The Chart:

Tuesday, May 27, 2014

1501, First Flight

I'm still annoyed that I missed line 1500's first flight, but below are shots of line 1501 (RC671) taking off this afternoon. Line 1501 was thought to be for Silk Way, but it looks like it isn't.

Here's an article on the 747 with some interesting information scattered throughout. Lufthansa seems to think Boeing isn't trying to sell the 747-8I hard enough. The demise of the passenger 747 is really accelerating. At my local airport alone, over the last year we've lost Air Fiji, Philippines (which I just flew on in November), British Airways, and United, and by the end of the year China Air will switch to a 777 as well. It's getting harder and harder to choose a 747 when you fly international.

More pics after the break...

And here are shots of line 1500's taxi test, which I did catch a few weeks ago. It returned for a B1 later in the evening and I missed it.


  1. Delta 747-8i? If it happened, it would be an eye opener.

    1. I want to see an AA 747-8 in the new livery

    2. That would be great to see for sure!

      In tangential news, it looks like AirBridgeCargo is looking to add more 747-8Fs. Unfortunately, the article is behind a pay wall.

  2. Delta CEO a few months ago called the 747-8 obsolete with its 4 engines, and indicated future aircraft oceans was 2 engines. Given Delta's propensity to buy older often used aircraft (757, etc.), and the fact they got rid of 747's once before until they got Northwest's fleet of 747's, I don't think you'll see Delta buying any. Especially with plenty of unsold 777-300ER slots available until 777x comes out, I think Delta would just invest in more a330's and 773's once they get the price they want

    1. Source? Delta's CEO has been on the record as saying "The A380 is, by definition, an uneconomic airplane unless you're a state-owned enterprise with subsidies,", as well as saying “We had four engines when jet engine technology wasn’t advanced" and “Now jet engines are amazing, amazing machines and you only need two of them.”.

      Other Delta officials have said that "They’re just much too large,” about the 380 and 747-8.

      I don't recall anything stating that Delta felt the 747-8 was obsolete. However it is very clear that they currently seem to feel that 4 engines are too inefficient and that the VLAs are too large for their routes. Fleet planning however is usually reviewed fairly frequently, so while apparently unlikely at the moment, one won't really know until their current RFP is awarded.

    2. Lets not drag twins into the argument, it is very clear that they have an advantage and they are here to stay.

      Delta's Rationale for buying the 748 is that it sells tickets for other aircraft that are NOT 747's. It is a flagship. It says right there in the article that they know what the risk is and know that twins do better, but slap a photo of a 747 in a magazine? Instant Winner. Now lets try that with an A320, 737 or CRJ or any of the other airplanes that their competitors also operate.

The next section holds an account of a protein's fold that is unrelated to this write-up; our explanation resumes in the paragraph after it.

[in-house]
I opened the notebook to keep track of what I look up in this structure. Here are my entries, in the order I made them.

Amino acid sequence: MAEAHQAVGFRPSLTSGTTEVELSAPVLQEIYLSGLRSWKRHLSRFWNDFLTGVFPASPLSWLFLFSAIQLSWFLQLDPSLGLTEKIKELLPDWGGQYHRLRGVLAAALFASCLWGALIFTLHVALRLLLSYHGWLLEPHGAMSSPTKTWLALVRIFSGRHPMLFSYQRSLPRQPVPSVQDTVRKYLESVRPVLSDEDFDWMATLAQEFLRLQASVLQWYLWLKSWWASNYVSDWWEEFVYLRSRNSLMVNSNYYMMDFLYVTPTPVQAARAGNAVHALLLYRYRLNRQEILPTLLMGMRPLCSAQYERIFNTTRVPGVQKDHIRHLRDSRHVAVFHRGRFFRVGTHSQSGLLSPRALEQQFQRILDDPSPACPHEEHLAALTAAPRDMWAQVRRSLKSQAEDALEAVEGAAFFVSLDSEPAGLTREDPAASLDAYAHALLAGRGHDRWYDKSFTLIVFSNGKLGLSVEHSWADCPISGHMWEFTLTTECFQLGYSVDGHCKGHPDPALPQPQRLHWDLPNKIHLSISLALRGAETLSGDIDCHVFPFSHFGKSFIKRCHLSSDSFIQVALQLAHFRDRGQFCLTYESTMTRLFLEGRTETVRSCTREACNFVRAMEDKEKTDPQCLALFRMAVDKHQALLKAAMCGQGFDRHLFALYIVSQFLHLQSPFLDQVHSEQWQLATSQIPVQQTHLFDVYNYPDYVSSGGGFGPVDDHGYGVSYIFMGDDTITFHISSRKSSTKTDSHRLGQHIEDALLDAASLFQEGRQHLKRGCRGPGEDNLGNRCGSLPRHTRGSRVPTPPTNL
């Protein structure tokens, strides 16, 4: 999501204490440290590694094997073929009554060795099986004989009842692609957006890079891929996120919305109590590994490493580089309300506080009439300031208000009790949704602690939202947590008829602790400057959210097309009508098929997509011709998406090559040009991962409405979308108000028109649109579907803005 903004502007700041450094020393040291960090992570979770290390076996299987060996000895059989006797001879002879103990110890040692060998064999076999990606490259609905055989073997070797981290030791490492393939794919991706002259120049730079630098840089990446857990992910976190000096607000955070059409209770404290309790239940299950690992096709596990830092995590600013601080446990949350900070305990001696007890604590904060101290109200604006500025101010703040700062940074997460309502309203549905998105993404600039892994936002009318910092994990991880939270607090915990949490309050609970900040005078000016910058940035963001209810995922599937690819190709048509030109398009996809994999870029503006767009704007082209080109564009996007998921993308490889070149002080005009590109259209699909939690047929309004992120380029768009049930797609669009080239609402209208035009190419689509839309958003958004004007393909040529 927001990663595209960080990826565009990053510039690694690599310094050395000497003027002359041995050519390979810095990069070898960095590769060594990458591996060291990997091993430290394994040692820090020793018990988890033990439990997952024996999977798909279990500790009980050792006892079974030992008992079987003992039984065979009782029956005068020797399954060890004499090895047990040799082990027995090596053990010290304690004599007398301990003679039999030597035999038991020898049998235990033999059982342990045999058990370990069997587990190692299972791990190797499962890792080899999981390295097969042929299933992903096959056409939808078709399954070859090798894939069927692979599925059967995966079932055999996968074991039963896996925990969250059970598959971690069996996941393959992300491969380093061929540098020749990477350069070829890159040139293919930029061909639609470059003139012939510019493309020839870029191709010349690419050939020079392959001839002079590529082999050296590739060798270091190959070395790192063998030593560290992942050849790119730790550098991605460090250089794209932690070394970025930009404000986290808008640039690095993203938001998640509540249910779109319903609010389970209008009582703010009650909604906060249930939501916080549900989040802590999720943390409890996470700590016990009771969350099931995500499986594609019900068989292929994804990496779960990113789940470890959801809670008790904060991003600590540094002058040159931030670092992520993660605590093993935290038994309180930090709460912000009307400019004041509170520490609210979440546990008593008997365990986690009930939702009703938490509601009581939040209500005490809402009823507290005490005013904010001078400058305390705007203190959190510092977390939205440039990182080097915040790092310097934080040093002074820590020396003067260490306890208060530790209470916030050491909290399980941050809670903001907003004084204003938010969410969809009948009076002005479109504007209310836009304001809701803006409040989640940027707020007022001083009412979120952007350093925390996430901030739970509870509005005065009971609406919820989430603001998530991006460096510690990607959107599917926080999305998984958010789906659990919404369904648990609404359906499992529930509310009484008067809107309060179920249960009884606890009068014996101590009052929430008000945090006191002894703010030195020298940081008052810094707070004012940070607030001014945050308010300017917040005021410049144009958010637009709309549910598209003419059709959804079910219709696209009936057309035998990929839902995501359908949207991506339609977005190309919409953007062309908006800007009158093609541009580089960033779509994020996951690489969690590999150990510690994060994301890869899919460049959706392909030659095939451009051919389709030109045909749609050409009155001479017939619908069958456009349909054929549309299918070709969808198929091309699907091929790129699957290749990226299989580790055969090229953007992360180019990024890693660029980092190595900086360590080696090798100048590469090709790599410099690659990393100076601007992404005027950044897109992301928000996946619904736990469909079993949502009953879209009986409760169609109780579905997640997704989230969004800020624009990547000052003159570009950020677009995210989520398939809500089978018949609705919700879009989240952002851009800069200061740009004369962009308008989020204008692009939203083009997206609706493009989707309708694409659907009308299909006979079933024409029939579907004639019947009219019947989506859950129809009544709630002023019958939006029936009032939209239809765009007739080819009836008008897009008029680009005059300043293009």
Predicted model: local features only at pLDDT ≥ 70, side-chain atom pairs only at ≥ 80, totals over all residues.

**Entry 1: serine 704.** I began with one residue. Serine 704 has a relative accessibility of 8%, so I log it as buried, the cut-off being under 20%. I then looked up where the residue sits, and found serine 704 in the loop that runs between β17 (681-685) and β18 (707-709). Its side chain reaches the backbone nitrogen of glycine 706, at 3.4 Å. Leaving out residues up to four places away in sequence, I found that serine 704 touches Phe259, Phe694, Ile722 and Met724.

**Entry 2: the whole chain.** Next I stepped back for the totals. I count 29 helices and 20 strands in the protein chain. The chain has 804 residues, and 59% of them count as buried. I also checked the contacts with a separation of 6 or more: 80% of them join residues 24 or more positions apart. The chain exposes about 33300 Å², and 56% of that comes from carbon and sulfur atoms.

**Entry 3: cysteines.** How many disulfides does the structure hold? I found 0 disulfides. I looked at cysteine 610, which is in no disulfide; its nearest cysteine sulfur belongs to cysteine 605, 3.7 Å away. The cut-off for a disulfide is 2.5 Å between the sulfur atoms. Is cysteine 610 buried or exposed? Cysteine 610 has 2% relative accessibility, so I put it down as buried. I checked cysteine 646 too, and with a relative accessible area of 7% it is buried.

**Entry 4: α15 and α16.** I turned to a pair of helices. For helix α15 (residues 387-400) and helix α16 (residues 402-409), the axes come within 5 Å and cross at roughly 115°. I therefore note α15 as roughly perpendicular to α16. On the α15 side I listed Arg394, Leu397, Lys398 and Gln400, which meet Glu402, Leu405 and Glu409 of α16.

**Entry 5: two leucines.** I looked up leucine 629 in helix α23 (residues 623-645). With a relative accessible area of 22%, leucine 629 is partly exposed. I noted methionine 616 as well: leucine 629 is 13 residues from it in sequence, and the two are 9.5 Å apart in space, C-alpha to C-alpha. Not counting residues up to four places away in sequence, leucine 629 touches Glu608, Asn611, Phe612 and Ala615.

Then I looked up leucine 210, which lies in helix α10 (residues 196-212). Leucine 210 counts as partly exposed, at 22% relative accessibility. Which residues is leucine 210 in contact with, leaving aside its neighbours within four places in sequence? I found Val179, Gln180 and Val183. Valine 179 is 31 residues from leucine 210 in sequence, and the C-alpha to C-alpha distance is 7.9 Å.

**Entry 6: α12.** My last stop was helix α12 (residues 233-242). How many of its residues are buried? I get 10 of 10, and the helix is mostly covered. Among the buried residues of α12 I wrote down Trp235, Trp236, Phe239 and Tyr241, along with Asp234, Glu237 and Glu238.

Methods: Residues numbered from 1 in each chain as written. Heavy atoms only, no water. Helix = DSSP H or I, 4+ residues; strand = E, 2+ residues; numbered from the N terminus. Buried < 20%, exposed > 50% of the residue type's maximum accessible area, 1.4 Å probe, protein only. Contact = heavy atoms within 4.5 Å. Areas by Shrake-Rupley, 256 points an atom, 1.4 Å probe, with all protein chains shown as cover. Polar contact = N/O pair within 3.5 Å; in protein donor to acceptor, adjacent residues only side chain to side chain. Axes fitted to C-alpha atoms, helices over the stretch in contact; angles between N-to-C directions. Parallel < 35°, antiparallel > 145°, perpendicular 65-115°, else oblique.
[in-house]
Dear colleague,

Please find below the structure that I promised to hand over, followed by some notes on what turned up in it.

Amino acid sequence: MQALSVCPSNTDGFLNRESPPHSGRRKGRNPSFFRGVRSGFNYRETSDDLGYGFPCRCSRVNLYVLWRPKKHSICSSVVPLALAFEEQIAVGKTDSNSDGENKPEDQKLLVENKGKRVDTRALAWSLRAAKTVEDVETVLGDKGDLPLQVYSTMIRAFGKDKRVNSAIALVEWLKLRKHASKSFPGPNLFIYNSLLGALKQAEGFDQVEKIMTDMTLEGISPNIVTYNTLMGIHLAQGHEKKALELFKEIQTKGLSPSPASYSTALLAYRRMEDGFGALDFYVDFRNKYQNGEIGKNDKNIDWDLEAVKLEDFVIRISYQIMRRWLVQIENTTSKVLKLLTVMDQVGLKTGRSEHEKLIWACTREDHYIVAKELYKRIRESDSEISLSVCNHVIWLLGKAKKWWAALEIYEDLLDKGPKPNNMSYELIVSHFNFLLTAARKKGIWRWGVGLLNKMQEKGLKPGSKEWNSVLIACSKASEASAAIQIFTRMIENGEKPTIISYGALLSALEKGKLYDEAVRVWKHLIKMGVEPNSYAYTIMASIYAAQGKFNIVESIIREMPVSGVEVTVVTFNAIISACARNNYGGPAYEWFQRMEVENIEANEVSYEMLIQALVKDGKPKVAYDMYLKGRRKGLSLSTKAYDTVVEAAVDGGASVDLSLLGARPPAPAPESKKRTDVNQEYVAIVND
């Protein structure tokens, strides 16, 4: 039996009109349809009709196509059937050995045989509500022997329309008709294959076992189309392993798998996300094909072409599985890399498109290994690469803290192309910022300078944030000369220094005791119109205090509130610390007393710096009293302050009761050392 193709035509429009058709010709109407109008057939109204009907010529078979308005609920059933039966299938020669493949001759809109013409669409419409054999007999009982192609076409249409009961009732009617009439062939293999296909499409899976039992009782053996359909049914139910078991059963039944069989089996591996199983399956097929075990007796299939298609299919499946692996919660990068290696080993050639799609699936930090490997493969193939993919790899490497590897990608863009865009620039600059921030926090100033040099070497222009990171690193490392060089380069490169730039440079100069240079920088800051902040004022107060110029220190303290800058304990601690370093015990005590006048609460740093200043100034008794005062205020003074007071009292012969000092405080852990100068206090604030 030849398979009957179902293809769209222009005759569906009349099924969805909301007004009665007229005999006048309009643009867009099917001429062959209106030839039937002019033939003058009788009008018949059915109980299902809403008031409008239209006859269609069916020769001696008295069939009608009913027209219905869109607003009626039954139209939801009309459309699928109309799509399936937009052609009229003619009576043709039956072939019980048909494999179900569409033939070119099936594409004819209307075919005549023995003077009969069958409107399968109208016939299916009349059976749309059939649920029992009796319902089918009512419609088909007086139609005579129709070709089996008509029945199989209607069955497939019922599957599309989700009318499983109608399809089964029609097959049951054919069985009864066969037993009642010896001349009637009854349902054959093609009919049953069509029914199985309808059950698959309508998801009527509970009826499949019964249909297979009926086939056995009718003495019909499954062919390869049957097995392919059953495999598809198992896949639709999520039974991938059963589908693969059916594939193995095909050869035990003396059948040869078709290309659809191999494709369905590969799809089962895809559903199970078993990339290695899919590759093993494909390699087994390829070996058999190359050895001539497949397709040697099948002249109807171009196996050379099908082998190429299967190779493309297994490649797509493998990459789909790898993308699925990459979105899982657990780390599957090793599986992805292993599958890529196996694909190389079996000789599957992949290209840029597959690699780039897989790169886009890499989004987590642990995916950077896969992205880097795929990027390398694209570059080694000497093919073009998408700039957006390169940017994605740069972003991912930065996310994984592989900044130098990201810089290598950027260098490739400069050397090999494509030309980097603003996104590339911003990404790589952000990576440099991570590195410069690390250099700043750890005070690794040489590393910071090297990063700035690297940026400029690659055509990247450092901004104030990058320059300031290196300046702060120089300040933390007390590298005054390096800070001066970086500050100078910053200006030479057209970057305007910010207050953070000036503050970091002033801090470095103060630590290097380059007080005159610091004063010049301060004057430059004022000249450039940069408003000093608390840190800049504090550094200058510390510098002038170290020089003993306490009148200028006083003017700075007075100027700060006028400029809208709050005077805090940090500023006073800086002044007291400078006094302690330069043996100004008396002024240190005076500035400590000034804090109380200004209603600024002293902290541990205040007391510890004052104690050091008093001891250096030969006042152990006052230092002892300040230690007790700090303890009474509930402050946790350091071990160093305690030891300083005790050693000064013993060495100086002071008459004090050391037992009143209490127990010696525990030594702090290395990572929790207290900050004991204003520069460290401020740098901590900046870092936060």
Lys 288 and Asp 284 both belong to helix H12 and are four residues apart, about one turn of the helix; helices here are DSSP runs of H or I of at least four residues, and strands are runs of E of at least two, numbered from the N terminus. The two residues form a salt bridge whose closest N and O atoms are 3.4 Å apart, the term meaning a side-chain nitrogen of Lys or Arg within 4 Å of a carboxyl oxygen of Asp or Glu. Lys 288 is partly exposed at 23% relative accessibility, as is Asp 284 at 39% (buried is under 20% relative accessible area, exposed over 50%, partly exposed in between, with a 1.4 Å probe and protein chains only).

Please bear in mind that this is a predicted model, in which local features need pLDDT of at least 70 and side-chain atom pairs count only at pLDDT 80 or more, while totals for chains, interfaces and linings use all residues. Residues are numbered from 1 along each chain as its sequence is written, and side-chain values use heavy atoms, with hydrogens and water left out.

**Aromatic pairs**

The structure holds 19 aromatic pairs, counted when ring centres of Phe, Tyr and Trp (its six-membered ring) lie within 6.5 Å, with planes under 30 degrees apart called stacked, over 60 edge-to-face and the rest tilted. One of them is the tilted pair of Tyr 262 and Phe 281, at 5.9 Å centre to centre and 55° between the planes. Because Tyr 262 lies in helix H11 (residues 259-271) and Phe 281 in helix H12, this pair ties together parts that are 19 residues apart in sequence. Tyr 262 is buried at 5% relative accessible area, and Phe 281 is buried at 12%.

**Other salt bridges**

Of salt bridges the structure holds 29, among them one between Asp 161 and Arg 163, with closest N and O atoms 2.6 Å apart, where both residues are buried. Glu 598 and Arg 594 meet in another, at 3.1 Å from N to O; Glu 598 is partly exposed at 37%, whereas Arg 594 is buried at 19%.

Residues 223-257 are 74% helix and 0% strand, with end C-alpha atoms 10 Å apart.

The thing is, of course is that I will be shocked if they actually do it.

      Does that mean that they are uneconomical? Inefficient? Obsolete?

      Oh come on.

  3. That quote you stated regarding four engine vs. two engine is what I was referring to. My point was that Delta wasn't interested in 4 engine planes going forward, and that twin engine a330 and b773 were perfectly good replacements for the 744's for their needs (and given their alliance partners who do fly a380, b747). I'm still betting Delta goes with a330-neo and current b773 post-2017 to replace the 744's. Who knows, maybe they pick up some really cheap late model 744's for select flights (some are already being torn up for scrap), but I don't see any shiny new 748's entering their fleet

    1. Right, and that is all I was pointing out. Anderson didn't say anything about them being obsolete, however what he and other Delta officers have repeatedly said is that the 380 and the 747-8 are too large for them to fill as things currently stand.

      He has also very clearly expressed a preference for 2 engines versus 4, but again, that doesn't mean obsolete. The engines on the 747-8 are the latest generation in production and are very fuel efficient. They are bleed-air derivatives of the 787 engines.

      As for the Delta RFP itself, everything that the CEO has said so far points to it being a choice between the 350/787/777. However, he does seem to really want Airbus to do the 330neo, so that may be well in the running as well.

      The other point I was trying to stress was that fleet planning is something that airlines these days tend perform analysis on much more frequently than in the past. Not everything boils down to CASM either. Revenue generation is the other big factor, and as charlie points out, there are some niches that VLAs can still fill. The real key from an airlines perspective is whether or not they need the capacity, or if not, can they find good steady premium traffic so that they can profitably put the extra payload that a VLA provides to use.

    2. I don't personally believe the 748 is obsolete, but I do think it has become a niche aircraft.

      When the 747 first flew passenger flights in 1970, it had numerous unique advantages: it was twice as big as any other passenger aircraft (that airlines would fly), it had 4 engines to traverse oceans when engines were less reliable, longer range, incredible thrust for using on shorter runways and high altitude or very hot/humid environments, significantly larger cargo capacity than other craft, unique freighter option with a swing-out nose, and it brought the cost of flying internationally lower than any of its competition, and it looked absolutely beautiful. I've flown on 747's at least 3 dozen times, and always looked forward to every flight.